North America World Park
North america World Park
The northern Rockies stretching through the Yukon are home to some of the largest expanses of natural landscape and wilderness in North America. As increasing human populations and industrial activities creep further into this ecosystem, it becomes even more important to conserve it.
The area stretching from the Tetons in Wyoming to the Wrangell-St. Elias Mountains in Alaska is an ideal candidate for a World Park due to its limited infrastructure, high ecological and biological diversity and global potential for mitigating climate change.
Scroll down to explore how World Parks, Inc. is working to create the North America World Park.
Areas such as Yellowstone and Banff National Parks are among the most well-known and studied protected ecosystems on the planet. However, connecting these and many other existing protected areas (as seen highlighted here) would create a massive wildlife corridor and intact ecosystem.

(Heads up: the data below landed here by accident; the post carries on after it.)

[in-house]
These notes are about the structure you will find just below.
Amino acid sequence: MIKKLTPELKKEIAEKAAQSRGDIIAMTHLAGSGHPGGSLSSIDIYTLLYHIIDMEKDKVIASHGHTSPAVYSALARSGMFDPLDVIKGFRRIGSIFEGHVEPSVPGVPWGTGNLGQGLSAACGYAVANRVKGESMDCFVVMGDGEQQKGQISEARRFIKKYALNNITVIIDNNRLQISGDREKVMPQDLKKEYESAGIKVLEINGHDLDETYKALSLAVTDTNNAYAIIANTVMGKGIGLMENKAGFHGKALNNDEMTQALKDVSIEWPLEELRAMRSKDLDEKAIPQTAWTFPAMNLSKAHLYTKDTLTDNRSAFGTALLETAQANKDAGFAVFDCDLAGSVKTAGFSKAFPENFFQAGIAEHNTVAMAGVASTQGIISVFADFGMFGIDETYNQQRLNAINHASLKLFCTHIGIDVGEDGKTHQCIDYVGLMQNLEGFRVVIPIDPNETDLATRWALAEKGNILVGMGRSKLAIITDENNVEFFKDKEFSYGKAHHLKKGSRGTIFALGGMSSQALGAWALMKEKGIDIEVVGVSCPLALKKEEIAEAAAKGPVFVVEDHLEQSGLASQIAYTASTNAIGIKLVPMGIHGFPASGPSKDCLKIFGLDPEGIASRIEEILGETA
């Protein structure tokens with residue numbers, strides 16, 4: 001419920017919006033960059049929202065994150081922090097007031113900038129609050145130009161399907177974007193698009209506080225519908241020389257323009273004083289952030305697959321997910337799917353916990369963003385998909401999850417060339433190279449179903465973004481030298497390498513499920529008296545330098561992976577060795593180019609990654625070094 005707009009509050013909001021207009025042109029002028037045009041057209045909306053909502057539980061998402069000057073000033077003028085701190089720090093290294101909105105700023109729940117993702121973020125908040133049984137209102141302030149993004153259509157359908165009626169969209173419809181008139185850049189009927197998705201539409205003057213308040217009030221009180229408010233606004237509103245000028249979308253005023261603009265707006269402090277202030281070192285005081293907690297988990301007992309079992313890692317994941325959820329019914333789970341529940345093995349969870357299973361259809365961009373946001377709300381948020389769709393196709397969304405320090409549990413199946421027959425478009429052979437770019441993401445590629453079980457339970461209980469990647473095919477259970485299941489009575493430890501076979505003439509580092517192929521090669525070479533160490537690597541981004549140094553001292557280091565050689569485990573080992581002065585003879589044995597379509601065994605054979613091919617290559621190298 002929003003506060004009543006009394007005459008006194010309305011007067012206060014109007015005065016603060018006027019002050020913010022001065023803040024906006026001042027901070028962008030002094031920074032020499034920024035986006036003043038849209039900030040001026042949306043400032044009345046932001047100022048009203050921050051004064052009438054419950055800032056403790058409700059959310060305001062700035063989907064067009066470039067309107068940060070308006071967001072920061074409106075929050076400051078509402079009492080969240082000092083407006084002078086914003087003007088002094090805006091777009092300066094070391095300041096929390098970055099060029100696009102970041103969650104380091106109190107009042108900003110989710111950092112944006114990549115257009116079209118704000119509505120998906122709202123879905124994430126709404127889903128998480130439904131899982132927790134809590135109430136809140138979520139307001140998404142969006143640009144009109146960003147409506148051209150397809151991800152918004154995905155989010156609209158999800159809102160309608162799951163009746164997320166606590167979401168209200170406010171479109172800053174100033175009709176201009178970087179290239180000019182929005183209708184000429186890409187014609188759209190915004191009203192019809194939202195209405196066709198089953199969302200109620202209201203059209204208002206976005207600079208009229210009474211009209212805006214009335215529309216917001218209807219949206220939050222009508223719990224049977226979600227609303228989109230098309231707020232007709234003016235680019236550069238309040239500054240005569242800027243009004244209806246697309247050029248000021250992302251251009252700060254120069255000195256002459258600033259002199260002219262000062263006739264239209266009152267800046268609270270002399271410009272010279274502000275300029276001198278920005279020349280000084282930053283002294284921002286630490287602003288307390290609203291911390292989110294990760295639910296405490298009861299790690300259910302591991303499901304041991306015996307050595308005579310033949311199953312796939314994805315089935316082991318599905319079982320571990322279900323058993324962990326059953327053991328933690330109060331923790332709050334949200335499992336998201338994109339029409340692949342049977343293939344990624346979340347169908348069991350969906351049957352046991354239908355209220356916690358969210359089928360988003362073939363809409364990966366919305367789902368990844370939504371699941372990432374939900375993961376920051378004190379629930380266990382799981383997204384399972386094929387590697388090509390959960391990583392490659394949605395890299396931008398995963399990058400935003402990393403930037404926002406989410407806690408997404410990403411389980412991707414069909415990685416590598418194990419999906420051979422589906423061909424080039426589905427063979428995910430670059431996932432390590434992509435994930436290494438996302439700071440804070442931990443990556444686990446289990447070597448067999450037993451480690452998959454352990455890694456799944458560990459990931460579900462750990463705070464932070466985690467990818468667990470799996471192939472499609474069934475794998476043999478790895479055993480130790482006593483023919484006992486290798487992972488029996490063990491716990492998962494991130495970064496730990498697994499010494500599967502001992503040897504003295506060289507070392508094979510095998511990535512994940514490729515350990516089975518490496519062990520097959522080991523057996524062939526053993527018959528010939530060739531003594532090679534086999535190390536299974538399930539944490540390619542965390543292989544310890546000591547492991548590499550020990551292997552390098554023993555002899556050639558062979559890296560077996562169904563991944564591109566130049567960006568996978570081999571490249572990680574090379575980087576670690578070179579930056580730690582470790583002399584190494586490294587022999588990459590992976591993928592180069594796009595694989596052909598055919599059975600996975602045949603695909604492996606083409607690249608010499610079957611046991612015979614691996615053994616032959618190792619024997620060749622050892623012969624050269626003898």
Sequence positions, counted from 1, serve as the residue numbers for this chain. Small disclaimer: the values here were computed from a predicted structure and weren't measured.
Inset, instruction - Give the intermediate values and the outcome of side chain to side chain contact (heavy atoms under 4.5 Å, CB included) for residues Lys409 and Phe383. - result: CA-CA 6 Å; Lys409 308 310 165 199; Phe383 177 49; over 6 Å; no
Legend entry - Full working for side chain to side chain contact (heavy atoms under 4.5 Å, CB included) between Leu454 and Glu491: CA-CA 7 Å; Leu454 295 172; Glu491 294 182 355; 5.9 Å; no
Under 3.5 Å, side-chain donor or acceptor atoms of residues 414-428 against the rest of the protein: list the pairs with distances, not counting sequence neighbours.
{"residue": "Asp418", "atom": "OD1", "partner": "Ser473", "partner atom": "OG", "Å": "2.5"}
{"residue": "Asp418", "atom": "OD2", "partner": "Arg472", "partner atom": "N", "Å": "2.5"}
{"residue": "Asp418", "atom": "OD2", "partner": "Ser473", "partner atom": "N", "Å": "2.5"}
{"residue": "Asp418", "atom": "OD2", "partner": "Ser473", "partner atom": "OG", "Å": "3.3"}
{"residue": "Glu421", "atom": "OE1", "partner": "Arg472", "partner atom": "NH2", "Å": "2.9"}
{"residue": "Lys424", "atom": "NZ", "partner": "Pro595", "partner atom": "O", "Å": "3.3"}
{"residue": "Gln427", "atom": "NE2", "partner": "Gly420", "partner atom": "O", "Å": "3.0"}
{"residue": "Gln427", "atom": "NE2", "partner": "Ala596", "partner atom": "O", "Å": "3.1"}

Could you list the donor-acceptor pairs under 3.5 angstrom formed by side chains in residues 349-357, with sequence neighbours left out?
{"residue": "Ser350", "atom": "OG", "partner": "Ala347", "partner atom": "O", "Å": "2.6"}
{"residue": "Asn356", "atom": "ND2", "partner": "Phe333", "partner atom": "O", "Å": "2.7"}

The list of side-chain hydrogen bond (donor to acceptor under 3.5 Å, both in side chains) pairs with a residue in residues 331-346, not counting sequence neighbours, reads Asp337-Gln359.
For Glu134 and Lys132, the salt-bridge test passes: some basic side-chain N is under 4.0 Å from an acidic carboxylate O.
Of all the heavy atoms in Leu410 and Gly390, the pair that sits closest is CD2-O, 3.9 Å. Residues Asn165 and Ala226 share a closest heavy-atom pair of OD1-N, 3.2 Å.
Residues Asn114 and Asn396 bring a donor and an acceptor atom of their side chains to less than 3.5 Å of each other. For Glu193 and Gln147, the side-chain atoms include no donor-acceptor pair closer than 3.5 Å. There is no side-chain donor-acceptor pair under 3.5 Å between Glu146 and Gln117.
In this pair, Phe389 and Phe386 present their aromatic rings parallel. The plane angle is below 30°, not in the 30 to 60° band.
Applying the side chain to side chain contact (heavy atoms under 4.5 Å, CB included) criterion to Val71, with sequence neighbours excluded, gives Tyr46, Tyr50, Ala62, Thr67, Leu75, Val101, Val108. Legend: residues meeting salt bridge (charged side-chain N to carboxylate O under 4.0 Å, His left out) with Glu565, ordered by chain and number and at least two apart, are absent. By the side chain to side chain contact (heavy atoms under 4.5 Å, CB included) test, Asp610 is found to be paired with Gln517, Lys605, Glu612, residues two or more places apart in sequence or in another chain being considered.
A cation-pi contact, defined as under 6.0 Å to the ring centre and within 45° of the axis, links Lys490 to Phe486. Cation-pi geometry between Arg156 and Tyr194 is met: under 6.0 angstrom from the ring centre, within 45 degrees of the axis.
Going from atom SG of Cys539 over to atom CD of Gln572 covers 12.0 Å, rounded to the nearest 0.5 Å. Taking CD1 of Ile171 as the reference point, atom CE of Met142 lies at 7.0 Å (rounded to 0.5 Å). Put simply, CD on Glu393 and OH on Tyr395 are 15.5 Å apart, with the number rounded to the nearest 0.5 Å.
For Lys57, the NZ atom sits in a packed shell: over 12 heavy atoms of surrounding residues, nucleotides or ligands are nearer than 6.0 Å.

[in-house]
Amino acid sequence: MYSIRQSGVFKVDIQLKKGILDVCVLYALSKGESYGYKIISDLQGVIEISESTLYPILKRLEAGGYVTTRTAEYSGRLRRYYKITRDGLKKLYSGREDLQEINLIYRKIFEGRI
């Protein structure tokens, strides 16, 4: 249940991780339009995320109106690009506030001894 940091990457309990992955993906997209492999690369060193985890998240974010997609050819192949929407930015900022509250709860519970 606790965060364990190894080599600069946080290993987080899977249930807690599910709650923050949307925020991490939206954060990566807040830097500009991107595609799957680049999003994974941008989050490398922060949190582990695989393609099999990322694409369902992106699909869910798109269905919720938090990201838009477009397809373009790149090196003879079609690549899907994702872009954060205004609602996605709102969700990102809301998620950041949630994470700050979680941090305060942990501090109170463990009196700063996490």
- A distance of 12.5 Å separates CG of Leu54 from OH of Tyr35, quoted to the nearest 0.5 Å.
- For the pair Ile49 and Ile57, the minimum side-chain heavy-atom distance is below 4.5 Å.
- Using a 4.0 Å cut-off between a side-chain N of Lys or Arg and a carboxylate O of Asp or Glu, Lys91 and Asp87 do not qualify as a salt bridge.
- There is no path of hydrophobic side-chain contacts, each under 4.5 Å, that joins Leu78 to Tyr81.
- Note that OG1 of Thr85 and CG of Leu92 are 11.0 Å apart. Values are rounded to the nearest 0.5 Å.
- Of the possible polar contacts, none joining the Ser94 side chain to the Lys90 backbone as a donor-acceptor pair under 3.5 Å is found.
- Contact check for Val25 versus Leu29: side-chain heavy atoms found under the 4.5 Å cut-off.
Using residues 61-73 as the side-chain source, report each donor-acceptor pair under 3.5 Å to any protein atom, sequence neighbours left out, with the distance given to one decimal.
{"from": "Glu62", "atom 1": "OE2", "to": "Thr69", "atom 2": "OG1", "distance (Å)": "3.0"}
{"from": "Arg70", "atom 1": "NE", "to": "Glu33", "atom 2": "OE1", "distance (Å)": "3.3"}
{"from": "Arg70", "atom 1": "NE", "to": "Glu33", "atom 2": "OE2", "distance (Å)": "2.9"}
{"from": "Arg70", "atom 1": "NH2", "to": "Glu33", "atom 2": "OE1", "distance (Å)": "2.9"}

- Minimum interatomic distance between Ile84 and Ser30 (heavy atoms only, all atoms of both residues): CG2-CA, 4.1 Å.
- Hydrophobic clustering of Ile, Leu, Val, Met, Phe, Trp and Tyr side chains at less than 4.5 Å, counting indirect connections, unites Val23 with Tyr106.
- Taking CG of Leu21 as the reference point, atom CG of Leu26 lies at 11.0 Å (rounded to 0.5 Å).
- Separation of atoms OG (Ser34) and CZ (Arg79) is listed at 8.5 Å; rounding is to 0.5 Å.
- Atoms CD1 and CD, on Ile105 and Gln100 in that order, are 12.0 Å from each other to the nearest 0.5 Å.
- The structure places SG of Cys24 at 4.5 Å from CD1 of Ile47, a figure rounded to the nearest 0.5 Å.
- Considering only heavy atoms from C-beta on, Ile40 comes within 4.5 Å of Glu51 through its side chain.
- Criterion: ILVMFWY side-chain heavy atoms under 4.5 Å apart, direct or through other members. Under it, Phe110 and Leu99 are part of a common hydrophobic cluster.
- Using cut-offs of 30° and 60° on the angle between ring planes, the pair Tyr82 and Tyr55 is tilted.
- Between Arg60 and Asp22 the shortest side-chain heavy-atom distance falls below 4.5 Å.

By building off of existing conserved and protected areas, we are expediting the process of large-scale landscape conservation by filling in the missing areas of interest.
Based on an assessment using data from the UN Environment Program and the Integrated Biodiversity Assessment Tool, this proposed World Park would include nearly 1,400 species on the IUCN Red List, over 1,600 existing protected areas and more than 30 Key Biodiversity Areas.
Scroll down to explore how World Parks, Inc. is defining the North America World Park.
Ecologically speaking, it is more beneficial to have larger, connected areas of protection than to have smaller, disjointed areas. The North America World Park will be a bold and innovative solution to environmental protection and international cooperation.
The North America World Park will cross international borders and cover over 250,000 square miles of primary forest, river systems and mountain regions.
We see this as necessary to ensure the world meets the conservation goals set out by the global scientific community.